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300 spot welds removed from Model 3 design to meet production target


Apr 26, 2018
Florence, Italy
Senior director responsible for quality issues left last week. The reason might be this:

"In an effort to drastically ramp up production, Tesla employees are now tinkering with the core designs of the Model 3 car and the production process, detailed by a New York Times report (paywall), something that experts say is unprecedented. Executives at Tesla decided that the car didn’t need so many spot welds holding the underbody together, so engineers found 300 “unnecessary” welds and reprogrammed the welding robots cut them from the production process."

How Tesla is doing everything to get Model 3 cars out the door

Basically this means that all those crash tests are not valid any more since the behavior of the body changes if you remove 300 welding spots. Unbelievable that they are risking peoples safety to meet production target set by themselves.


Supporting Member
Dec 28, 2007
For what it is worth, Sandy Munro's commented on the AutoLine Detroit show (available on you tube) after Munro & associates tear down of a Model 3 that the body in white had way more welds and adhesive than best in class car bodies, citing Honda as an example.

He suggest that Tesla could hire them, or other experts, to vastly simplify their BIW design.



Jun 10, 2016
NE Ohio
Unbelievable that they are risking peoples safety to meet production target set by themselves.
You're statement is only true if the welds really are necessary. If, on the other hand, the engineers at Tesla really did determine that they aren't needed and don't impact safety then you're just assuming the worst for no reason.


Active Member
Oct 22, 2013
McKinney, TX
Anytime you changed anything to the original design, be it spot welds or else, you are actually jeopardized its integrity.

Your argument would only be true if the original design was 100% perfect, impossible to be improved upon, and also happened to be such a design that benign changes that neither improve or reduce safety are impossible to make.


Enough of the 🐩, back to 🐈‍⬛
Jul 13, 2012
Tesla friendly place
Basically this means that all those crash tests are not valid any more since the behavior of the body changes if you remove 300 welding spots. Unbelievable that they are risking peoples safety to meet production target set by themselves.

Fearmongering much?

David L

Jun 26, 2016
San Diego, CA
In engineering, making optimizations take a lot of time. When there isn't enough time, then the quick and easy way out is to be cautious and conservative. That's most likely what the Tesla engineers did when they had to start delivering vehicles last July. I'm guessing now that they've had an entire year to run additional simulations and possibly test manufactured designs, they've confirmed that certain welds are unnecessary and do nothing for the structure. Such engineering optimizations happen all the time in all types of products.


Model 3 Performance
May 17, 2018
I for one am happy if Tesla began production quickly by making a car way more safe than necessary (excessive spot welds) and then later found out that an excellent safety rating can still be achieved with less (300 fewer spot welds).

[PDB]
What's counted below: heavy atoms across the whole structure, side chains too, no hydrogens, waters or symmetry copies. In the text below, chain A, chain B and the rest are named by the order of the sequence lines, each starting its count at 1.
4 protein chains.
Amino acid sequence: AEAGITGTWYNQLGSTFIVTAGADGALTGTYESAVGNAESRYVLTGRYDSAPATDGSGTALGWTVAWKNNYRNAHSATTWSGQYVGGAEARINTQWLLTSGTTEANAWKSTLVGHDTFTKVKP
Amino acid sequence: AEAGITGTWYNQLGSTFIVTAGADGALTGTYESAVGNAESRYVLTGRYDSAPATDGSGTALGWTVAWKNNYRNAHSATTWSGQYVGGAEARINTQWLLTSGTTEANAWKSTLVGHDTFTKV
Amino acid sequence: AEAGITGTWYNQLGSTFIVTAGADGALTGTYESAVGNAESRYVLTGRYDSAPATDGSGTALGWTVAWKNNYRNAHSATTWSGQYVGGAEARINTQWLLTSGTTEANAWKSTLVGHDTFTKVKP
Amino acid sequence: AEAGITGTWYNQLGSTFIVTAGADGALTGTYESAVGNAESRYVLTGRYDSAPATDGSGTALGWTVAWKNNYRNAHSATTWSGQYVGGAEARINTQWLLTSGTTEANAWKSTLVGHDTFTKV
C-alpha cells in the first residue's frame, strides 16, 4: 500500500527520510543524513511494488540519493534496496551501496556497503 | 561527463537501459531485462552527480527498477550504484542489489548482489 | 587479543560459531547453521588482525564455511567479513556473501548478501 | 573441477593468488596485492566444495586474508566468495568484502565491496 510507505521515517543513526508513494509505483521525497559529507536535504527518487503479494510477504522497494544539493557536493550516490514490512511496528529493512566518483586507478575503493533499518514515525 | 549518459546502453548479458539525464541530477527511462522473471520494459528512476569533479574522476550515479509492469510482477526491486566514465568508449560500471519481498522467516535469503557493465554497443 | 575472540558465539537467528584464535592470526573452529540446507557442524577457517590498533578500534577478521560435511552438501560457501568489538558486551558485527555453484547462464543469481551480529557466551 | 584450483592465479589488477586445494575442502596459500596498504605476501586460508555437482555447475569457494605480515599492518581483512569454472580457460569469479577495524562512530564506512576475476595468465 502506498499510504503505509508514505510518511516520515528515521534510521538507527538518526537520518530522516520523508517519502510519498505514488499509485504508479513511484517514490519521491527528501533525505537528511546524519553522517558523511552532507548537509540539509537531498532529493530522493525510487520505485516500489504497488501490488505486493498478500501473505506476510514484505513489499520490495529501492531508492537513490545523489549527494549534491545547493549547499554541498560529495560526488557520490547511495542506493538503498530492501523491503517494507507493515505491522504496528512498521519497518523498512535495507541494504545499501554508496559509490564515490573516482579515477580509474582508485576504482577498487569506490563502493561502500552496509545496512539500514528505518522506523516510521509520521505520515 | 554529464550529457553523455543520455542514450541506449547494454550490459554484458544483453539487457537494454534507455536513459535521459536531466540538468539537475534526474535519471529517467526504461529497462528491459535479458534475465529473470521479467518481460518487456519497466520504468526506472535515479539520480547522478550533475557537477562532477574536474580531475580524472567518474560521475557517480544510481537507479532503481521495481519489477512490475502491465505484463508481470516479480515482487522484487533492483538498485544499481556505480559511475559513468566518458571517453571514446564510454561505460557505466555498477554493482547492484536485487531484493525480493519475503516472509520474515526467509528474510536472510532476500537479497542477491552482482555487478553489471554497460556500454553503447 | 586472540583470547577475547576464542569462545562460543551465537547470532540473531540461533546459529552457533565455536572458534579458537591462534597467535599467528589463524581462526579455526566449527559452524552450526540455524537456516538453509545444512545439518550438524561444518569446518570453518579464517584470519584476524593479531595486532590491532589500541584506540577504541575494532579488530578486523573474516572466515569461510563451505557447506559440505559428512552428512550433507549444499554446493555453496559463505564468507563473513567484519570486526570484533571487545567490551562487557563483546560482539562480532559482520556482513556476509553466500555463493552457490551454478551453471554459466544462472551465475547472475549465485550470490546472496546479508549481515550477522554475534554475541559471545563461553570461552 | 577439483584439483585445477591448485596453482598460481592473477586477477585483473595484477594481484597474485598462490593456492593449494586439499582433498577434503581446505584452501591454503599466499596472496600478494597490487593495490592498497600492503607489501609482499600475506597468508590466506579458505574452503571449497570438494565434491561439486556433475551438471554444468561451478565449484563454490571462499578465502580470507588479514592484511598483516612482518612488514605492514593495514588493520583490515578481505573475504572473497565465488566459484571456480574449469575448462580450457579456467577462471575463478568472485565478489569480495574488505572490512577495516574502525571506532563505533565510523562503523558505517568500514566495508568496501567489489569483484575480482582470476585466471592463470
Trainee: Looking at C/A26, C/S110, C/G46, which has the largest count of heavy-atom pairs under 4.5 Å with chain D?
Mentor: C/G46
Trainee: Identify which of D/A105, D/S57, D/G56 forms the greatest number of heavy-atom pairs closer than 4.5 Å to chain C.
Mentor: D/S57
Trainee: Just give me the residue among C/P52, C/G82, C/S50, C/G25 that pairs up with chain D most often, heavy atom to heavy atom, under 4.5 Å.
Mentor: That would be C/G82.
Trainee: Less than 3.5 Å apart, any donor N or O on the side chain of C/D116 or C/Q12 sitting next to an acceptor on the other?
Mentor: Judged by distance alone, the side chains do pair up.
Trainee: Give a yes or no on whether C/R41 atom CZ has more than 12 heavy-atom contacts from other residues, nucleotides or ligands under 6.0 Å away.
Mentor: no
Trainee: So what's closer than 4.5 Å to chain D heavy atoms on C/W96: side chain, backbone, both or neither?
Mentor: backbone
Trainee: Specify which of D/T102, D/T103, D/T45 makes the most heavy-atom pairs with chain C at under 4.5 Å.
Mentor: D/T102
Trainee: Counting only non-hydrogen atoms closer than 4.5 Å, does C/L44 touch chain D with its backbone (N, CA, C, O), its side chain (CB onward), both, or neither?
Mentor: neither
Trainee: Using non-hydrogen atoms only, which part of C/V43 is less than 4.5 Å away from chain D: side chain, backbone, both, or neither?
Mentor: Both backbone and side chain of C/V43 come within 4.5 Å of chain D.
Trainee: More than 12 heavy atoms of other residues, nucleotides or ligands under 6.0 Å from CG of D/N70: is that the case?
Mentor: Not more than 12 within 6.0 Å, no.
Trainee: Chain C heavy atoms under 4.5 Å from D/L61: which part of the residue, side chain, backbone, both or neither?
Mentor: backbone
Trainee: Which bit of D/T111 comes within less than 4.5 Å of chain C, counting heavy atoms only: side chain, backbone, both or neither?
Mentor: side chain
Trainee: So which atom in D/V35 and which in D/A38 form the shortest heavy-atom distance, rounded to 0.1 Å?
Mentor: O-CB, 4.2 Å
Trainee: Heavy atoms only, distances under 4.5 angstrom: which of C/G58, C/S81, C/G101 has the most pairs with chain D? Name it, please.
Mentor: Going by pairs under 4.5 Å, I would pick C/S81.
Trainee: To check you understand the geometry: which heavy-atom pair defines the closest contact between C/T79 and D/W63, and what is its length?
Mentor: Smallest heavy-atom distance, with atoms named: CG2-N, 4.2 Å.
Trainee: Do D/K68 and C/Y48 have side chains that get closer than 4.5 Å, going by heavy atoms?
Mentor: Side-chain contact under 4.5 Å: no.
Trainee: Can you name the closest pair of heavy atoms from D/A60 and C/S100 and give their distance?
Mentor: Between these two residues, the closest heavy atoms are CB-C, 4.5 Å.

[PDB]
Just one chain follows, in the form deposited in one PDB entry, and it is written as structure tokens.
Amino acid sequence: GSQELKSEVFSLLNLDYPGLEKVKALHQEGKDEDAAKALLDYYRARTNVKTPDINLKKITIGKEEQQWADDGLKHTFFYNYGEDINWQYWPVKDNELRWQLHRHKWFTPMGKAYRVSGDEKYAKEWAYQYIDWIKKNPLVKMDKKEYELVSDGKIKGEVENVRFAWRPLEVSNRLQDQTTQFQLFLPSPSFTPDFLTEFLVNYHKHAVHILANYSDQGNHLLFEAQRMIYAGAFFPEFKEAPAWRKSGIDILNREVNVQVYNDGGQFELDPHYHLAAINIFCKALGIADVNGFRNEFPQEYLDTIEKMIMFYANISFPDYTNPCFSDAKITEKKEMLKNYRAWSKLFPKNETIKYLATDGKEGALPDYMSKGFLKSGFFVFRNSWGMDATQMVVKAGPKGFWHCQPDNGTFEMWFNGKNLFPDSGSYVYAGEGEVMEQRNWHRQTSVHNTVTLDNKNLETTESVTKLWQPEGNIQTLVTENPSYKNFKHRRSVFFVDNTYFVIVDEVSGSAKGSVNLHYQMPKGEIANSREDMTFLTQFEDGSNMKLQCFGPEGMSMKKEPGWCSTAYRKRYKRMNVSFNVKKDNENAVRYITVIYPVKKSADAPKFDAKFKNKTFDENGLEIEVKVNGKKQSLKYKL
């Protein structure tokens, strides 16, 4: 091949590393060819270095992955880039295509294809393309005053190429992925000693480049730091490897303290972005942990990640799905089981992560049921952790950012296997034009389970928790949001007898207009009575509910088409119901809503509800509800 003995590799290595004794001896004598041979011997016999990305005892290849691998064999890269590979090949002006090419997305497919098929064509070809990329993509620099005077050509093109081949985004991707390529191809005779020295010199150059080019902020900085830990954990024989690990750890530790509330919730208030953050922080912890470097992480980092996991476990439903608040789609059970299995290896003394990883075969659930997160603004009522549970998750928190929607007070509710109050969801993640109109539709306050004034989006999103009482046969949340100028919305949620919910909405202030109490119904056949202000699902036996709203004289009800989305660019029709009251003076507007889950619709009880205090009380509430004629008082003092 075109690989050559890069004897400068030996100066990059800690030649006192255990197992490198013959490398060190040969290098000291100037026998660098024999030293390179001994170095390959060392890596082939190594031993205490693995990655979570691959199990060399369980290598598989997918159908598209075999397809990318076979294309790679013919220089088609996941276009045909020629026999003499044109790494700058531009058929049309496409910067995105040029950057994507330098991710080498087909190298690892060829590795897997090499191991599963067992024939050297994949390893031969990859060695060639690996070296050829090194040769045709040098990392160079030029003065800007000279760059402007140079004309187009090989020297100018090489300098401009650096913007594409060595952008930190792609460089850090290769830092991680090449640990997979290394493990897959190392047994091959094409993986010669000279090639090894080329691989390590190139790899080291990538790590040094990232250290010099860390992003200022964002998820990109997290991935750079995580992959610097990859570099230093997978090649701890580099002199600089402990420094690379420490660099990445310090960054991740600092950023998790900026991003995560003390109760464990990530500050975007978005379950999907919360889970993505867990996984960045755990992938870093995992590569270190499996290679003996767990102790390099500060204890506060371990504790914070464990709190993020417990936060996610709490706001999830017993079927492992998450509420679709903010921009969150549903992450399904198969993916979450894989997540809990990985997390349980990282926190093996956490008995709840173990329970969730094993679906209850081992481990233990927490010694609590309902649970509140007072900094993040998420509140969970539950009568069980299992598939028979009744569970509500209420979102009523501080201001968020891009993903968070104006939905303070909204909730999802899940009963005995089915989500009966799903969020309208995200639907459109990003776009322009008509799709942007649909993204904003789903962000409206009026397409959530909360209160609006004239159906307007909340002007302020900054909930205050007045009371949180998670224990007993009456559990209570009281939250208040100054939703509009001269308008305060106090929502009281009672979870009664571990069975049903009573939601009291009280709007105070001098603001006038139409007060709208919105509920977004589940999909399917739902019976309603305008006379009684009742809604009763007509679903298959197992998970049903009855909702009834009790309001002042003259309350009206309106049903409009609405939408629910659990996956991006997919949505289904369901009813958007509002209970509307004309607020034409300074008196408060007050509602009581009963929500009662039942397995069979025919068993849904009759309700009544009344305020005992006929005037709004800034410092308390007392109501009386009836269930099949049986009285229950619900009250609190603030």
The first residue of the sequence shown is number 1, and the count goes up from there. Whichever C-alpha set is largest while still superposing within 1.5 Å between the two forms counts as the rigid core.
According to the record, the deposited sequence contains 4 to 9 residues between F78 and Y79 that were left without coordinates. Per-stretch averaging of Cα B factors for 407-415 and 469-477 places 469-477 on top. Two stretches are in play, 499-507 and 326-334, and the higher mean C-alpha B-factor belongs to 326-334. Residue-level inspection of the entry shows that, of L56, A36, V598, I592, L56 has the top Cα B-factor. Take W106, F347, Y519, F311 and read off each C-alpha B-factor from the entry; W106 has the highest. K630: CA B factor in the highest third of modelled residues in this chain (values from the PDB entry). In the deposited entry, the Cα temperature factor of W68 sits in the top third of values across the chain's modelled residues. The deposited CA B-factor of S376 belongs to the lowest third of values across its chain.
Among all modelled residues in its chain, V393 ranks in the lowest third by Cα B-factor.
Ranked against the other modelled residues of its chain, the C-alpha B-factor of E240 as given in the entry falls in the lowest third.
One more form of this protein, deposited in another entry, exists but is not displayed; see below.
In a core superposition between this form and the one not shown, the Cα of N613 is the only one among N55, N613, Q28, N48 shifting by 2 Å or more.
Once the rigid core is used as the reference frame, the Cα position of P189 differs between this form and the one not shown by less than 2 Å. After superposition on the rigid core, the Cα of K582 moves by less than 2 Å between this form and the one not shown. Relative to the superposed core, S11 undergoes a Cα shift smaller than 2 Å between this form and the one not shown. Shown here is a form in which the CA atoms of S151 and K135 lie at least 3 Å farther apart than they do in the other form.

Contrast this to prior manufacturers who cut safety corners to achieve desired production, and then later found out that safety improvements were needed (recalls).


Active Member
Sep 27, 2016
Bainbridge Island, WA
One Source: Go back [youtube] and listen to Marc Tarpenning talk(s) about founding of Tesla and then designing/building of the Roadster.
Cars only go thru crashing testing once with hundreds (or was it thousands??) of sensors. And then all computer simulations as they try different materials or shapes/structures. ALL modern cars are done this way and all these crash tests/simulations are done by subcontractors - companies that specialise in this form of engineering. No one could afford to develop a car IF every change/new vendor/new materials had to be physically crashed again and again.

If you haven't heard Marc's talk, it is well worth the time to search and listen - you could search the Forums as I have posted more than once and I'm sure many others have as well. So DavidL is just wrong about how cars are done. Computer Simulations and these computer models improve year by year as new materials are introduced - new alloys of both steel and aluminium and carbon fiber formulations.

Computers are/can be truly amazing - not just for cat videos and social media but to design rockets and cars too.



Model ☰ AWD LR, Red, Aero, FSD | Truck Reserved
Apr 2, 2016
Pasco, WA
Even if we knew for sure that they removed 300 spot welds from the building of the vehicle...there's nothing in the article that says when this happened. They talk around it to make the reader believe that it's happened in the past few weeks.

For all we know they did all of that prior to the first deliveries last July or the before the next batch after that.

This article is a whole lot of nothing with out sources or concrete evidence.

Uncle Paul

Well-Known Member
Nov 1, 2013
Canyon Lake,CA
Tesla has a well know policy of continous improvements for their vehicles.

If a better way to produce the cars, or if improvements can be made, they are implemented as soon as possible. They do not wait for the next model year to introduce improvements.

Tesls makes some of the safest vehicles on todays roads. More welds that necessary is simply waste.

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